Tue, Jun 28, 2011 - Page 2 News List

Suhua highway project unlikely to finish early

By Shelley Shan  /  Staff Reporter

The Suhua Highway Improvement Project should be completed by 2017 and it is unlikely that workers will finish ahead of schedule, the Ministry of Transportation and Communications (MOTC) said yesterday.

Deputy Minister of Transportation and Communications Kuo Tsai Wen (郭蔡文) said there was no chance the project would be completed within three years.

In late March, Hualien County Commissioner Fu Kun-chi (傅崑萁) had said he hoped the project could be completed within three years.

Kuo Tsai said the Environmental Impact Assessment Committee, which gave conditional approval to the project last year, said that trucks carrying construction waste must not use the Suhua Highway.

“You have mountains on one side and sea on the other, and there are hardly any places that are wide enough to transport construction waste — it is a challenge already,” Kuo Tsai said. “All the working areas on the highway must be bored from the old North Link Tunnel (舊北迴隧道). One cannot expect work on such a difficult task to be fast.”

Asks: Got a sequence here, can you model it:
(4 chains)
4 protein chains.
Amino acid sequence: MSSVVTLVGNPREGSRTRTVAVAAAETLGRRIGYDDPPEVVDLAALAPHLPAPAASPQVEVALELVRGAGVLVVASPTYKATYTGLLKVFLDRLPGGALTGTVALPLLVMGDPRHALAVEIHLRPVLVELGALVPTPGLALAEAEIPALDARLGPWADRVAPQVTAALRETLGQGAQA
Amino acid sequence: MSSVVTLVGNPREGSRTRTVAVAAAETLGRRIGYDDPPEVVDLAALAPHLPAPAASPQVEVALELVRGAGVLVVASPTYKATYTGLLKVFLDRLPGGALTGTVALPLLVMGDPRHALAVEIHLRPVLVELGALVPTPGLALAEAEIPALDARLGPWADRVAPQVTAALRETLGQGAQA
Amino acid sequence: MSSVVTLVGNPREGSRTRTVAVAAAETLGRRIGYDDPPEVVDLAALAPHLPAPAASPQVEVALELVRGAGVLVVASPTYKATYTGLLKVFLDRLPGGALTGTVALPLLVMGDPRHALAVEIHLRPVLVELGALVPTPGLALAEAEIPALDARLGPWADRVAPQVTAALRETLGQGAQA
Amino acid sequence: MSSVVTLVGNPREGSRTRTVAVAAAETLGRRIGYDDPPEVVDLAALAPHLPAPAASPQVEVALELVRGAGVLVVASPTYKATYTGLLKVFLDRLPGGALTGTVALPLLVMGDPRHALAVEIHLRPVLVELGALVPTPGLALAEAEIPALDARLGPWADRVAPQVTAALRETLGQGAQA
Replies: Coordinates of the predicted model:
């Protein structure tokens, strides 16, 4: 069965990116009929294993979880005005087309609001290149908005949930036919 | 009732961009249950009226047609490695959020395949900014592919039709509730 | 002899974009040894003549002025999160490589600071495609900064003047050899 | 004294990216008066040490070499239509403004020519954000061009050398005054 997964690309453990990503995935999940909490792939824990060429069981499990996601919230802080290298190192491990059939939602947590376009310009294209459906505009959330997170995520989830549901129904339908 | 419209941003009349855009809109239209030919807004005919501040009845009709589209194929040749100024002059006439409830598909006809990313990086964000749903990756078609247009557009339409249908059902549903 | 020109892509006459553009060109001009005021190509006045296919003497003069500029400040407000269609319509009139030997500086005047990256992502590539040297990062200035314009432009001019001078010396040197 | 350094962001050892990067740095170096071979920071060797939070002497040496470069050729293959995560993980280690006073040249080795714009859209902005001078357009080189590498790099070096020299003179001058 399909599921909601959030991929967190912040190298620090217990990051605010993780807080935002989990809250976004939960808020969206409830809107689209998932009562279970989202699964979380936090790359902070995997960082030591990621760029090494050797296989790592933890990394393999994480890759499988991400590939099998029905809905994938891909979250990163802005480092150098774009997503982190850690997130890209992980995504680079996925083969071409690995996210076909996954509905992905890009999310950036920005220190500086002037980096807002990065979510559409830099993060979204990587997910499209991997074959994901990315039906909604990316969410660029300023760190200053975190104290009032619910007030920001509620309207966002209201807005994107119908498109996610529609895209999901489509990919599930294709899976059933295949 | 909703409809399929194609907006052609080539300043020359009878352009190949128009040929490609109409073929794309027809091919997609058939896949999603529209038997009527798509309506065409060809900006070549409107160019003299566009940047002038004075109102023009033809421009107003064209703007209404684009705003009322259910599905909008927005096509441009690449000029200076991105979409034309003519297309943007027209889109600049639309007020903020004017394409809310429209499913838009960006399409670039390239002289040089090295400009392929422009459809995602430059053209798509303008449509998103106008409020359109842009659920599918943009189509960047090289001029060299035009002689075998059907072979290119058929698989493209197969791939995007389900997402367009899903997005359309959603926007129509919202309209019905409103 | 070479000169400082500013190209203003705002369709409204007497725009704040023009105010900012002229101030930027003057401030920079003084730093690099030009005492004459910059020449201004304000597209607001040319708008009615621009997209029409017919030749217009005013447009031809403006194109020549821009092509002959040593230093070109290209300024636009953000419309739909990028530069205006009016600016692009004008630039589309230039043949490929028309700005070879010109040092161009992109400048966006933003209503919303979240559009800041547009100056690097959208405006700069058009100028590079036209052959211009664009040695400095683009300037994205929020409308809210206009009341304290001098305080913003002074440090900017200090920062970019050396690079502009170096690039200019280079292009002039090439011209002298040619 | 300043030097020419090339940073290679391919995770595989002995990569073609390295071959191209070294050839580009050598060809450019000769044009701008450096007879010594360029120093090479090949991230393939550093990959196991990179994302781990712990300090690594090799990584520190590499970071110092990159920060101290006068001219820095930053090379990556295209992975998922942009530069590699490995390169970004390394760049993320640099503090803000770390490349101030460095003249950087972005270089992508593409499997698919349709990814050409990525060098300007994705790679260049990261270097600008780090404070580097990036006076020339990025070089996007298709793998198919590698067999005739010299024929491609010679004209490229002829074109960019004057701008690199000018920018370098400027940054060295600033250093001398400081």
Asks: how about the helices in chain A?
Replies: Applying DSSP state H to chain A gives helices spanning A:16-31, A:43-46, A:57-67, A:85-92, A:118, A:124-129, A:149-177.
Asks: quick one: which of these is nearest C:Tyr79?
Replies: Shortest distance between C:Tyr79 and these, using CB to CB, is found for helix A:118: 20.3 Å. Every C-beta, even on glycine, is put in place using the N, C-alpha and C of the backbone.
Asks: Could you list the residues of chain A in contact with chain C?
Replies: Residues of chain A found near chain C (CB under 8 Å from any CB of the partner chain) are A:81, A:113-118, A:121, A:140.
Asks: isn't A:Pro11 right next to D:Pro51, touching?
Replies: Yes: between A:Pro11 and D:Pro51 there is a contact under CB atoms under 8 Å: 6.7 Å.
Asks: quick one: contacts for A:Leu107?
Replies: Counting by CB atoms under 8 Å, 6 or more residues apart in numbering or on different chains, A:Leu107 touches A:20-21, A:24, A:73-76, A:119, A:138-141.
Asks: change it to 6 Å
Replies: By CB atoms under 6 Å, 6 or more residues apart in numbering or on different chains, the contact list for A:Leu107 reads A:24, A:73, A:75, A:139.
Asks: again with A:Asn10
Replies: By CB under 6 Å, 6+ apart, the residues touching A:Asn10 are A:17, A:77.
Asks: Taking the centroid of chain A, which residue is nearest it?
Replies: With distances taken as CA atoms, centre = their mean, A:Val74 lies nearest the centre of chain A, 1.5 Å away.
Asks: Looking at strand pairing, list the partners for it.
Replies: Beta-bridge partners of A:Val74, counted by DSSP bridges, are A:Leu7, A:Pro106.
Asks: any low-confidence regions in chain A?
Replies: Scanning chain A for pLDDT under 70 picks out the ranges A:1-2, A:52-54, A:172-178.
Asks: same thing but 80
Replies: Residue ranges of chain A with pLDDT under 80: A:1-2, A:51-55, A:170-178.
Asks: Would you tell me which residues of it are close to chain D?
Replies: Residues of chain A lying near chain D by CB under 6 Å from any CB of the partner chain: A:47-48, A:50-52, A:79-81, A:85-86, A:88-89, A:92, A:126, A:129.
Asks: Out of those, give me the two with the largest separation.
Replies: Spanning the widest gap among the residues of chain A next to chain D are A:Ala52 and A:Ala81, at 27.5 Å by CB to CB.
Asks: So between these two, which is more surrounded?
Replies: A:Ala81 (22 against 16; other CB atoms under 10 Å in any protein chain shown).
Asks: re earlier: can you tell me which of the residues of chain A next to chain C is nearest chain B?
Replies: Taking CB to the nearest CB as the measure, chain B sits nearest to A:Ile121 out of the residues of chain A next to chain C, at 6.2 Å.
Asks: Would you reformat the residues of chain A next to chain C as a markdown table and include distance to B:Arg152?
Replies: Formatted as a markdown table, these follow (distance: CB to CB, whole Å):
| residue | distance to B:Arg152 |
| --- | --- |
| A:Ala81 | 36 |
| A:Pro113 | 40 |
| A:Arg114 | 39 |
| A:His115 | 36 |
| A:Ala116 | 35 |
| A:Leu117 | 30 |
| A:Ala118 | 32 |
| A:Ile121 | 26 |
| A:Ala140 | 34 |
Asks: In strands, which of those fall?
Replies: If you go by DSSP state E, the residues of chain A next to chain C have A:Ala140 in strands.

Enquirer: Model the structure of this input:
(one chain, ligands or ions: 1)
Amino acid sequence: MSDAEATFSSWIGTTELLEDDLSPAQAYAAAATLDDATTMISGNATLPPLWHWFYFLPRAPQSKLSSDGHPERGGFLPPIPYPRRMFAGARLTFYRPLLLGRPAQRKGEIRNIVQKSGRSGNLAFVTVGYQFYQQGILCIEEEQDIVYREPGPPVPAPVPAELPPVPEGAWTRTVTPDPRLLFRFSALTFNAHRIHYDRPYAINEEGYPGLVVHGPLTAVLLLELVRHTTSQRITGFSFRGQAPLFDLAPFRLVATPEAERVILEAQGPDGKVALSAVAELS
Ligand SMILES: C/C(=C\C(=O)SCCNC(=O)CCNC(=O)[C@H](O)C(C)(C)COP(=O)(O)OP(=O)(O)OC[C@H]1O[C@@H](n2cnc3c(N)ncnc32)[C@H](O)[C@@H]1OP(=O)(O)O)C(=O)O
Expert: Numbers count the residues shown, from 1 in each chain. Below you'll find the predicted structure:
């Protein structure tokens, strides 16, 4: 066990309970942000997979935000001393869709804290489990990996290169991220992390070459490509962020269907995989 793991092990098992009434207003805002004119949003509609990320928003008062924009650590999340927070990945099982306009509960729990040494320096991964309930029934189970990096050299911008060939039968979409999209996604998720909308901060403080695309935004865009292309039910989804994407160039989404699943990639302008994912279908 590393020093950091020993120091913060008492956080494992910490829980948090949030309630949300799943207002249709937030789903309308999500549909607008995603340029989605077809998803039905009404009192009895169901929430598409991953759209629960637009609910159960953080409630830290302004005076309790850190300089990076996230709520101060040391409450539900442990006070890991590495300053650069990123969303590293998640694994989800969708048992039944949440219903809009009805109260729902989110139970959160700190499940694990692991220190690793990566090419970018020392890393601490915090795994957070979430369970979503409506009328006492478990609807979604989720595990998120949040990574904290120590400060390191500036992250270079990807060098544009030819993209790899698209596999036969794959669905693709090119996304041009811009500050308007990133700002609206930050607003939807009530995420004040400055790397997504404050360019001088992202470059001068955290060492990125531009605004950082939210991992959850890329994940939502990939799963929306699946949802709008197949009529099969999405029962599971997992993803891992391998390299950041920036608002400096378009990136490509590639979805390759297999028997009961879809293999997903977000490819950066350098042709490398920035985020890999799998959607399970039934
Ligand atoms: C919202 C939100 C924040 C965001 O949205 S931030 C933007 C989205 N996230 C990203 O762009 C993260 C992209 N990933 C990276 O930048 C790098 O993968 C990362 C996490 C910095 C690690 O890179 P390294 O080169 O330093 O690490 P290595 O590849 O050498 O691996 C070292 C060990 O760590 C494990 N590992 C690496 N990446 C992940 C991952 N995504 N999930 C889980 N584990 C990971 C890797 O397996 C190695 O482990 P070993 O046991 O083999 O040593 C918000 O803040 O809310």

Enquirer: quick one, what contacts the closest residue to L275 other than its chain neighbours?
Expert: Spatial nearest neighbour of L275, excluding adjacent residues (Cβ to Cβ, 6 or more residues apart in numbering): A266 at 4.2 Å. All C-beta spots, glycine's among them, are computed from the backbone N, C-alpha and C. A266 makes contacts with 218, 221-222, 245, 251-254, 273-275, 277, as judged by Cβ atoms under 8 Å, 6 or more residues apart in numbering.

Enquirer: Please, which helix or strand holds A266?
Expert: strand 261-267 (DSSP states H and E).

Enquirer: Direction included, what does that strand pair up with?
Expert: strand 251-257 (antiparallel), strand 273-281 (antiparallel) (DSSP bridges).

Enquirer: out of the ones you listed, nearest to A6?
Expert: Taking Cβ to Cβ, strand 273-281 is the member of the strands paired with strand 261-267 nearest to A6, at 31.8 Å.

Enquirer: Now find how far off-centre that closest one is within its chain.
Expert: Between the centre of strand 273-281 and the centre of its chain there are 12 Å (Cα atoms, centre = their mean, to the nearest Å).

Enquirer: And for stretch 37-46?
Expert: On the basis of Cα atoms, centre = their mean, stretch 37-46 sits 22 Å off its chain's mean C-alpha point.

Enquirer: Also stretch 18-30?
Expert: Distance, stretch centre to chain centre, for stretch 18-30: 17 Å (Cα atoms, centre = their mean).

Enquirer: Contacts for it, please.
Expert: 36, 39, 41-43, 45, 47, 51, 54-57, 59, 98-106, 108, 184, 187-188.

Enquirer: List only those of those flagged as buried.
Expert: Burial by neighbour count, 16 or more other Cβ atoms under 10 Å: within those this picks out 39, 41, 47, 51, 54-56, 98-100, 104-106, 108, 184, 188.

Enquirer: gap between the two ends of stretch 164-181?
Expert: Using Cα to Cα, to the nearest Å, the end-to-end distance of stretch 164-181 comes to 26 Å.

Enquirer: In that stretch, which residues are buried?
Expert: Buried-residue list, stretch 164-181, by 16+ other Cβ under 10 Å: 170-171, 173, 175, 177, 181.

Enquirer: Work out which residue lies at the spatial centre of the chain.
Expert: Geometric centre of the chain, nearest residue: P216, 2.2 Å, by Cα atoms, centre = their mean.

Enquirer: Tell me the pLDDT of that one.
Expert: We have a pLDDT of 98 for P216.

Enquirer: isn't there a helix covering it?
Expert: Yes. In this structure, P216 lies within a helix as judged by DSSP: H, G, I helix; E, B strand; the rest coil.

Kuo Tsai said all complicated construction work would take at least six years to complete.

He made the remarks at an international forum on life-cycle maintenance and management technologies for smart highway systems, hosted by the Directorate-General of Highways (DGH).

Highway researchers from the US, the UK, France, Switzerland and Hong Kong were invited to share their thoughts and experiences at the forum.

Public Construction Commission Minister Lee Hong-yuan (李鴻源) told the forum that the nation placed more importance on the management of highways than on the technologies used to build them.

Lee said extreme weather was becoming more frequent and that Taiwan continued to build highways for the convenience of motorists.

The highways, he said, must be built at locations with the right “genes.”

“If you build a highway at a place with bad DNA, you put users in danger,” he said. “No matter how well you try to maintain it, the effect is limited.”

While lauding the DGH for trying to apply the concept of life-cycle management to maintain highways, Lee said it needed to calculate the time and funding needed for such maintenance.

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